But the tech industry has a vital role to play in preserving the material we create ourselves, e.g. blogs, at the edges of the networks. It can work with the archiving institutions to ensure that we, the creators of media,can play a role in our own archiving.
What do I mean by this? Here’s an example. I use WordPress to create my personal website, and the website that accompanies my soon-to-arrive new book, “Mediactive.” I wish there was a plug-in for WordPress that would let me save my site to the wonderful Internet Archive, the nonprofit that is trying to archive as much online material (among other things) as possible. All blogging software vendors should have features like this, assuming the Internet Archive wants the material, which I’m fairly sure it does.
The value for future historians of what we do online comes from much more than blog posts. Among the sites that tell us most about our modern culture are such services as Craigslist and eBay. They are created entirely by their users, or at least the content is. How could they be persuaded to regularly archive what they do, for future reference?
I have little hope that Facebook would participate in such a system, because it’s Facebook’s obvious plan to itself be the repository for history. This is one reason that I don’t spend a lot of time posting things on Facebook, despite its usefulness; even though I can download what I do there, or at least some of it, no one but Facebook itself can get at the greater value of the service: the relationships among the users.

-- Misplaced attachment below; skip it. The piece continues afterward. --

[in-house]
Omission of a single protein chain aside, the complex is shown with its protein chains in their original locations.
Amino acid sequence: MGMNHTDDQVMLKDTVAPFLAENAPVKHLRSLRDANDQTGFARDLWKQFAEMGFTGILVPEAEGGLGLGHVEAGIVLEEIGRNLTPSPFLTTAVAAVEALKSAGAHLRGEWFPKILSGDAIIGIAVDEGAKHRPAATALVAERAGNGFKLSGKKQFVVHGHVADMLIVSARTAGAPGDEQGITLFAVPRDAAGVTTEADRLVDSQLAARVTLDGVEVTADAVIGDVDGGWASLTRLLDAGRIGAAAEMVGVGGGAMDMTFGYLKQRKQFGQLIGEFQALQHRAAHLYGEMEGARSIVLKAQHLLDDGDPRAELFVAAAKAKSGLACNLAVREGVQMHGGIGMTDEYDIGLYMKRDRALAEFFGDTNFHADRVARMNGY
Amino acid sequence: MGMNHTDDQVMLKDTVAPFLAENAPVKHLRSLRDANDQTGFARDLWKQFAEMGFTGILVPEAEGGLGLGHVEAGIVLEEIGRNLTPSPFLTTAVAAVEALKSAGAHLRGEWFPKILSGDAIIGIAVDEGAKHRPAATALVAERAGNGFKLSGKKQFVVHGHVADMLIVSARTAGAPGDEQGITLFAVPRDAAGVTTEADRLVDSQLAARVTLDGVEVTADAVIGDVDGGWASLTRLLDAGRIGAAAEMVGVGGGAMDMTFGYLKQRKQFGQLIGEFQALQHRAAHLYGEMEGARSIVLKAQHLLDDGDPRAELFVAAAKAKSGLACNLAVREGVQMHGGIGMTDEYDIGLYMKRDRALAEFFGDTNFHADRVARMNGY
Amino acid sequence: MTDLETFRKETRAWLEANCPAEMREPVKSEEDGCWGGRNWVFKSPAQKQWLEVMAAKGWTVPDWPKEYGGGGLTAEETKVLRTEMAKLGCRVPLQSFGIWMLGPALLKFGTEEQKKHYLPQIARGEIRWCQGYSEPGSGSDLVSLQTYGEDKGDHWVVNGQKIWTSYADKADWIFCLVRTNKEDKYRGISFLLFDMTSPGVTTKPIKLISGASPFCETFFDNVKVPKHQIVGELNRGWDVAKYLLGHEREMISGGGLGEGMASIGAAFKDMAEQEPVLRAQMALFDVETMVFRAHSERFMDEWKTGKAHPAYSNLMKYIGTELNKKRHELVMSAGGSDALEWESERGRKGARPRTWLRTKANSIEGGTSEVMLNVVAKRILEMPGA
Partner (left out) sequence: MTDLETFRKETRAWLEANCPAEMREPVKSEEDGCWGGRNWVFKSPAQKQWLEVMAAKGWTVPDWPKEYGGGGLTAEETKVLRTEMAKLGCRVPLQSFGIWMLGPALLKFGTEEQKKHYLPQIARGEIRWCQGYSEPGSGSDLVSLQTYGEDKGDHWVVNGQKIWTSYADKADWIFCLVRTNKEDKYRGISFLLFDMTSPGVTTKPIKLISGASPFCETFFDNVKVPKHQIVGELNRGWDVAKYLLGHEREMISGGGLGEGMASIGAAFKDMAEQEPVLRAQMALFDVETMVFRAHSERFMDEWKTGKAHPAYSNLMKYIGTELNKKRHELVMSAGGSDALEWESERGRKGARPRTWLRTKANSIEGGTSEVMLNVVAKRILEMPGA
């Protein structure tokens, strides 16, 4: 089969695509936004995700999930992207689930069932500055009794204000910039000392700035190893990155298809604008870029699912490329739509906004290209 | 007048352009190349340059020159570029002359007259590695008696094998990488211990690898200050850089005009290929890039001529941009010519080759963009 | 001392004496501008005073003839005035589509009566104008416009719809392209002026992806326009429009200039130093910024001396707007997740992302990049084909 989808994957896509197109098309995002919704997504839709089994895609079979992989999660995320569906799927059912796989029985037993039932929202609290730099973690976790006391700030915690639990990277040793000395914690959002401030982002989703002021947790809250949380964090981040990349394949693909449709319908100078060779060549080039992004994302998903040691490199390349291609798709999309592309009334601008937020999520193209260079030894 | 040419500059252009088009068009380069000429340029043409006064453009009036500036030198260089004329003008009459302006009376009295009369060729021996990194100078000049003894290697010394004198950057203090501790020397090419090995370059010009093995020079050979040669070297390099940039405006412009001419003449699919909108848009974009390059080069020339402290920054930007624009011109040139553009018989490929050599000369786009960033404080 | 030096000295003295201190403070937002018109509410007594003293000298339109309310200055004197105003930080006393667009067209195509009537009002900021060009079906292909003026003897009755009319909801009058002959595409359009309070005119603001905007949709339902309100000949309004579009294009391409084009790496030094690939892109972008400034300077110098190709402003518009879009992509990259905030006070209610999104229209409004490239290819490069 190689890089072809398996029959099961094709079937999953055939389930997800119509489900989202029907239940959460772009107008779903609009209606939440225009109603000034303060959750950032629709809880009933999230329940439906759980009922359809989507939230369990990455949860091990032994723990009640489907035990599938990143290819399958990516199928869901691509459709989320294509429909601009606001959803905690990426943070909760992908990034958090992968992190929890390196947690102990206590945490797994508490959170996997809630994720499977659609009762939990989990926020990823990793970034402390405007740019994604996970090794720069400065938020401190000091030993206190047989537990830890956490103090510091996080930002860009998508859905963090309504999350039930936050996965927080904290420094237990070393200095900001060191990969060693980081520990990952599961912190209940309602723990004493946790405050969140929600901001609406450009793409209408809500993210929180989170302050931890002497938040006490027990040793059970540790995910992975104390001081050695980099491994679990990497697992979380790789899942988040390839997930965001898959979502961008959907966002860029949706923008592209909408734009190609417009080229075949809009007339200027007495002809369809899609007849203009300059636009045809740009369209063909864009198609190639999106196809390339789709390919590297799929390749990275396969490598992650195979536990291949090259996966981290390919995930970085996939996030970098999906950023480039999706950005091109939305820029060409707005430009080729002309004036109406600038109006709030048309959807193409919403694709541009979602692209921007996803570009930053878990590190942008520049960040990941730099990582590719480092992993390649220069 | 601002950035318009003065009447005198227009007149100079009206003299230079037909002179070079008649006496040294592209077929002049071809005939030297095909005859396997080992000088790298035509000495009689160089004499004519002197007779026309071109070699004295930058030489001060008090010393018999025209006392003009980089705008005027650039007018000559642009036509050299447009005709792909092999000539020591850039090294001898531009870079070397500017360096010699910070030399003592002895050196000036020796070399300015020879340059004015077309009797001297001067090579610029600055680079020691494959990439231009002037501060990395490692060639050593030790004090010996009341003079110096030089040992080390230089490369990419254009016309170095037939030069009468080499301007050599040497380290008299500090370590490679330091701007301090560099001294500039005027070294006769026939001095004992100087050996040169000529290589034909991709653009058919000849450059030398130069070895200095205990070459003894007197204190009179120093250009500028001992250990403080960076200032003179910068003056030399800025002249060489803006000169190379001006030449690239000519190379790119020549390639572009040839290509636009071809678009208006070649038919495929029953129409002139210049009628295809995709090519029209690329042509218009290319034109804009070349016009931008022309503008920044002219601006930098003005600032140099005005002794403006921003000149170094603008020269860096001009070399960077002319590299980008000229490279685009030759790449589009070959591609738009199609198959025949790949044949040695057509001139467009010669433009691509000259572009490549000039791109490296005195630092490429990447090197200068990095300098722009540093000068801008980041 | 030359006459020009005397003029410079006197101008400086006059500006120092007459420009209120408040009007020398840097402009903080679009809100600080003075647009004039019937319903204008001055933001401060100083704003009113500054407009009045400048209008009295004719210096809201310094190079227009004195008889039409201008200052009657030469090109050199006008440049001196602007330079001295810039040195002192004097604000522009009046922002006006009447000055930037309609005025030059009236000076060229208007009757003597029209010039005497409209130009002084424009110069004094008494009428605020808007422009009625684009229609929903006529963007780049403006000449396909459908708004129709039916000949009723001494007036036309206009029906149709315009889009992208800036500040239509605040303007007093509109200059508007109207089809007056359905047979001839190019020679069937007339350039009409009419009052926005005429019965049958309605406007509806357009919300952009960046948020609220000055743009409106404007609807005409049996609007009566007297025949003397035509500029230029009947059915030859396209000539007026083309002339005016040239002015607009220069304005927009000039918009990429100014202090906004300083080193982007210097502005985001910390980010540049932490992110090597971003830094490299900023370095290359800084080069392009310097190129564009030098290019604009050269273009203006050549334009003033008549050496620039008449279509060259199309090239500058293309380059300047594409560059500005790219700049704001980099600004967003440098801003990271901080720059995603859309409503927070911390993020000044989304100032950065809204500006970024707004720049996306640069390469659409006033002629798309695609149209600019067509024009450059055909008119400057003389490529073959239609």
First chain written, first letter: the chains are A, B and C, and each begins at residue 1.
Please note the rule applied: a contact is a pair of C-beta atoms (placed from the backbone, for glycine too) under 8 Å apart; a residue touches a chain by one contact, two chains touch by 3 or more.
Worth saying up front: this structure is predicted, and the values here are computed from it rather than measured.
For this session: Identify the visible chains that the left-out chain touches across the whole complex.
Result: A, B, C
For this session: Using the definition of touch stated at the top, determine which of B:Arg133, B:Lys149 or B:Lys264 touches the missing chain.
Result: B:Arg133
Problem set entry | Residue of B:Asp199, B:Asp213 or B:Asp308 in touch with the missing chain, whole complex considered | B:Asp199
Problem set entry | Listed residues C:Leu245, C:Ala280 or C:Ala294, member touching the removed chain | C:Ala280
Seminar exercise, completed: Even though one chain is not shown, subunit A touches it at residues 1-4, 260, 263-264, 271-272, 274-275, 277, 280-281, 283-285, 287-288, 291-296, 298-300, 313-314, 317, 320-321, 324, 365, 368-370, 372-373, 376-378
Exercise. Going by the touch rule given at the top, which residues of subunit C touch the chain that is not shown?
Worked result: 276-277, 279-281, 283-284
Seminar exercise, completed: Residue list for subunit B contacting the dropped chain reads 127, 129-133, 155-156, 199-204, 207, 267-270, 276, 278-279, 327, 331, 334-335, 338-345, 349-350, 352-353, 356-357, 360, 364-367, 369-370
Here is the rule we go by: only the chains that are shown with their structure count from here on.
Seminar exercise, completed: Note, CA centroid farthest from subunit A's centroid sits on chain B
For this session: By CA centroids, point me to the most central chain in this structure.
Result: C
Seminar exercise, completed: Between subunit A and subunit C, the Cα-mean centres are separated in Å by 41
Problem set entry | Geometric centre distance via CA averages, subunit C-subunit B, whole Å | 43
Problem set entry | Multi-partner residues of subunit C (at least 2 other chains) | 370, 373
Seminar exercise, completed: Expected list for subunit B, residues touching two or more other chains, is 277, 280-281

So when and if the Internet Archive (among others) makes a deal with WordPress and various content-creation platform providers, as I hope will happen someday, the information that goes into the archive needs to include more than just our blog posts. It should include the links I’ve made to other sites and reader comments, of course; but it should also include the inbound attention from people who’ve linked to what I’ve written, among the other relationships.
The complications go on and on. On my personal site I have RSS feeds from other sites where I’ve created some content, including such things as my Amazon and Yelp reviews and Twitter stream. I have no idea how to archive all of my public work in a compact way, or even if I should.
I’m hoping, sometime in the next few months, to help organize a meeting that connects technology people with archiving people so we can talk about personal archiving of this kind. One of the ideas raised at the Washington gathering was a “public commons” — a federated collection of services, I’d hope — where we could all save our creations, and if enough of the right people got together on this they could make and connect the tools to make it all work.
We need this for our children and grandchildren. They need it, as do the researchers and creators of tomorrow, to make their own world a better place — or at least to understand more clearly how their world got the way it is.